Surplus of objectors on abortion creates dilemma for Italy

Surplus of objectors on abortion creates dilemma for Italy

Surplus of objectors on abortion creates dilemma for Italy

(Credit: Suzanne M. Day [Public domain], via Wikimedia Commons.)

More than seven out of ten doctors in Italy are conscientious objectors leaving the country with an abortion law that cannot always be managed. As pressures from the European Union ensue and pro-choice advocates fight back, Italy struggles to find a solution to its peculiar problem.

ROME — Although Italy claims to have one of the most sophisticated abortion laws in the world, what it apparently doesn’t have are doctors willing to perform them.

Law 194, signed in 1978 and approved by popular referendum in 1981 over the Church’s stern opposition, allows for the woman wishing to have an abortion to do so within the first 90 days of pregnancy. It also created public counseling facilities for the purpose of providing women with alternatives to abortion.

One of the main aspects of law 194 is that it permits doctors to be conscientious objectors and therefore refuse to terminate a pregnancy. What makes Italy unique is that an overwhelming majority of doctors fall under this category. On average, seven out of ten doctors are conscientious objectors.

It is precisely this issue that led the governor of Lazio, Nicola Zingaretti, a member of the center-left Democratic Party, to announce a competitive exam for the San Camillo, one of the largest hospitals in Rome, offering two positions only to doctors who are not conscientious objectors.

The result was uproar from both sides of the argument.

The director of the national health office for the Italian Episcopal Conference (CEI), Father Carmine Arice, expressed dismay at the decision.

“It fundamentally changes the nature of the law 194 that did not have the goal of inducing abortions but to prevent them,” Arice told the Italian news agency ANSA. “It does not respect the constitutional right of being a conscientious objector.”

Zingaretti defended his initiative, though he admitted that allowing only doctors who are open to performing abortions into the competition represented a novelty in the Italian health system.

The governor underlined that the positions were for a sector designed to deliver abortion services, and therefore conscientious objectors could not participate.

“In this situation, the right to be a conscientious objector is guaranteed 100 percent,” Zingaretti said in an interview suggesting that if they were allowed into the competition they would be forced to perform abortions and violating their conscience. However, keeping them out of the competition is the only way to protect them from that outcome.

A parliamentary study found that on average 70 percent of doctors in Italy are conscientious objectors, but in eight regions that percentage rises sharply. In Lazio, the region including Rome, 85.6 percent of gynecologists do not perform abortions followed by Basilicata (84.1 percent), Campania (83.9 percent), Sicily (83.5 percent) and Molise (82.8 percent).

In Molise, for example, there is only one doctor who is not a conscientious objector, and he performs an average of five abortions a week.

Doctor Michele Mariano, the only physician in Molise willing to perform abortions, believes that there should not be the possibility of “opting out,” and sees his duty both in helping women and respecting the law.

“I perform 400 abortions a year,” Mariano told Italian newspaper La Repubblica, “but do you want to know what my greatest satisfaction is? When a woman chooses to keep the child. When she gives birth. Because I chose this job to bring children to the world, not to eliminate them.”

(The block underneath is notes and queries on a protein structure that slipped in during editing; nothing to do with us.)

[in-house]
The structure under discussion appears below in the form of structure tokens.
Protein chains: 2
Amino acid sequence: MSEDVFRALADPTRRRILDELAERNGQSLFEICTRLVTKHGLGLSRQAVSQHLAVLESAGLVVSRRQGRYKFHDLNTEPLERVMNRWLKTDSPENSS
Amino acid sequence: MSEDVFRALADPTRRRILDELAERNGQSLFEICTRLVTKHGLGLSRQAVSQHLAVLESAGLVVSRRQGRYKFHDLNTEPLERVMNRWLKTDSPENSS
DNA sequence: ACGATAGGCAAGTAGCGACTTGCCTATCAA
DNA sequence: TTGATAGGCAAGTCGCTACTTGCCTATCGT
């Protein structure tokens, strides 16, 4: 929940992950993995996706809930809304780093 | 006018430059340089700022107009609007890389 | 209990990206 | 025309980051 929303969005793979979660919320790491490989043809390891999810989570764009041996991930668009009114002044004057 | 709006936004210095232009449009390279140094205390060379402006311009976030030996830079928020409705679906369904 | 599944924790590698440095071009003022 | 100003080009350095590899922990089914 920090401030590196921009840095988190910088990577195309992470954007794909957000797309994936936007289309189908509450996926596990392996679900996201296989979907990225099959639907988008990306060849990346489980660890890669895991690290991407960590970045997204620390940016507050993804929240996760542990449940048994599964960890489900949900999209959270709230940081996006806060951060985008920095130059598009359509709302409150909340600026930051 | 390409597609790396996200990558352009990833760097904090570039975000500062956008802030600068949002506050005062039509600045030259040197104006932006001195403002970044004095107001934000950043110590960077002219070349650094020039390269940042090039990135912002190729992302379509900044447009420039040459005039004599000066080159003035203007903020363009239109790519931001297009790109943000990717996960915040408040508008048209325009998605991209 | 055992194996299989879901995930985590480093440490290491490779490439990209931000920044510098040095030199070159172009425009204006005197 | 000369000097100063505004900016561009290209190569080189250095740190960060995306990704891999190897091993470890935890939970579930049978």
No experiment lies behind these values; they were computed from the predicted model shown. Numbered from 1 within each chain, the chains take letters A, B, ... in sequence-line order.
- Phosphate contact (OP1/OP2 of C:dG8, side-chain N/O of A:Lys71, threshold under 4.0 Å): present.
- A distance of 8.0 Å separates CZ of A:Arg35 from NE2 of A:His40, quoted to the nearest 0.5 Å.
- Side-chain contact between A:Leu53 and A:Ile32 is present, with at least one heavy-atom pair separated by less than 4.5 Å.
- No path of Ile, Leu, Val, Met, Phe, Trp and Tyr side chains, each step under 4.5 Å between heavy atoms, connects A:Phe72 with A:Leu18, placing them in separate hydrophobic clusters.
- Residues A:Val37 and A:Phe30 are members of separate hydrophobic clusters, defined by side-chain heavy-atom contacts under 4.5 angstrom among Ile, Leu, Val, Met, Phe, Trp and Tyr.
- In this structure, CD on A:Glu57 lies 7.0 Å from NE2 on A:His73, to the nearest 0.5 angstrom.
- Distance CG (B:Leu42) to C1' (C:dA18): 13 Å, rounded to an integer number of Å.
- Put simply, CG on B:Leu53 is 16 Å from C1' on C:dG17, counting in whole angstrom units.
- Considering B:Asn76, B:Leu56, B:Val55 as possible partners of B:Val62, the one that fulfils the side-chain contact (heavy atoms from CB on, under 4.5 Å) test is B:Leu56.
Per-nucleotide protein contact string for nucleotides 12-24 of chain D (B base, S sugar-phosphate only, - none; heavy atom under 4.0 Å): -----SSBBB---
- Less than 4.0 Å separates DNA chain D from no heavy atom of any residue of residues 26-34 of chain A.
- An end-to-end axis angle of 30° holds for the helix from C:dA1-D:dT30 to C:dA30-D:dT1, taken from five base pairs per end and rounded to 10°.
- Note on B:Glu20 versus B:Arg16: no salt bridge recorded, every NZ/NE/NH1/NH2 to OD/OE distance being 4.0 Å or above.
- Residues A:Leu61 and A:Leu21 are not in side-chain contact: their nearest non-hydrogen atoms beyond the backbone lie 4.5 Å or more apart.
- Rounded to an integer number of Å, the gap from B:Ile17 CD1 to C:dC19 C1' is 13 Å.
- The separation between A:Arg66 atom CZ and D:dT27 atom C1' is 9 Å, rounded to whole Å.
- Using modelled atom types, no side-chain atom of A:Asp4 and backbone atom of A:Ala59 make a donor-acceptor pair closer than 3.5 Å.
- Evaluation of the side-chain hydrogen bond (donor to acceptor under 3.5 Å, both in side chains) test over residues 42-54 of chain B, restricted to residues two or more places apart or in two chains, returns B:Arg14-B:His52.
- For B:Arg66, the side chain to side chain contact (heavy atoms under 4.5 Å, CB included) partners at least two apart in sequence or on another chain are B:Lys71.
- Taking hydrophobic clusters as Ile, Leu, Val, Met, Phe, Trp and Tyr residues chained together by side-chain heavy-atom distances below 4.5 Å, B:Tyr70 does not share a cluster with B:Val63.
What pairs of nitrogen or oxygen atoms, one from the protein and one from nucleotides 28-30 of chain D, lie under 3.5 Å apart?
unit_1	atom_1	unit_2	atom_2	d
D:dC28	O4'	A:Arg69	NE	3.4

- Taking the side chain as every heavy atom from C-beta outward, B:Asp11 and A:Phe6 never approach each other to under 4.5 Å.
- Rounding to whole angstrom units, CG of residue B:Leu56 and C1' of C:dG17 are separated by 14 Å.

The number of conscientious objectors in Italy has remained stable during the past few years. What has changed is the number of people seeking abortions: in 1983 the number was 233,976, but in 2014 it was 97,535, according to the Italian Health Ministry.

The minister Lorenzin as well as CEI believe that this data allows for the efficient application of law 194.

“The Health Ministry has recently done a study showing that the number of doctors who are not objectors is sufficient to cover the demand of voluntary pregnancy interruptions,” CEI said in a statement.

The study, relative to 2014, proved that the average number of abortions performed is 1.6 a week, with Molise being an exception.

“I hope that doctors will say their opinion consciously and authoritatively, because they are the first to be hit by this decision,” said Arice.

Interestingly, the proposed labor contract for the new employees of the San Camillo does not allow personnel to resort to law 194 if they were to change their minds later.

Filippo Maria Brescia, president of Catholic Doctors, describes a “health system panorama that is crumbling: in the Lazio region, competitions are made and open-ended contracts are signed with the clause of not being objectors.” Brescia called the competition discriminatory and “unacceptable.”

“They want to make the doctor into a regime executioner,” said Gian Luigi Gigli, president of the Italian Movement for Life. “We are one step away from approving in Italy a law similar to the recent French one that considers ‘obstructing abortions’ a crime.”

In France, only seven percent of doctors are conscientious objectors and in countries such as Sweden there is no such legal concept.

European institutions, in fact, have often criticized the Italian government on the matter of abortions. In 2014, the European Council said that Italy discriminates against doctors and medical personnel who are not objectors.

But far-right populist leader, Giorgia Meloni won’t have it.

“The rulings by the European Council are ridiculous,” she said in an interview. “Let’s start using European funds to support maternity, then we will see how many women wish to have an abortion.”

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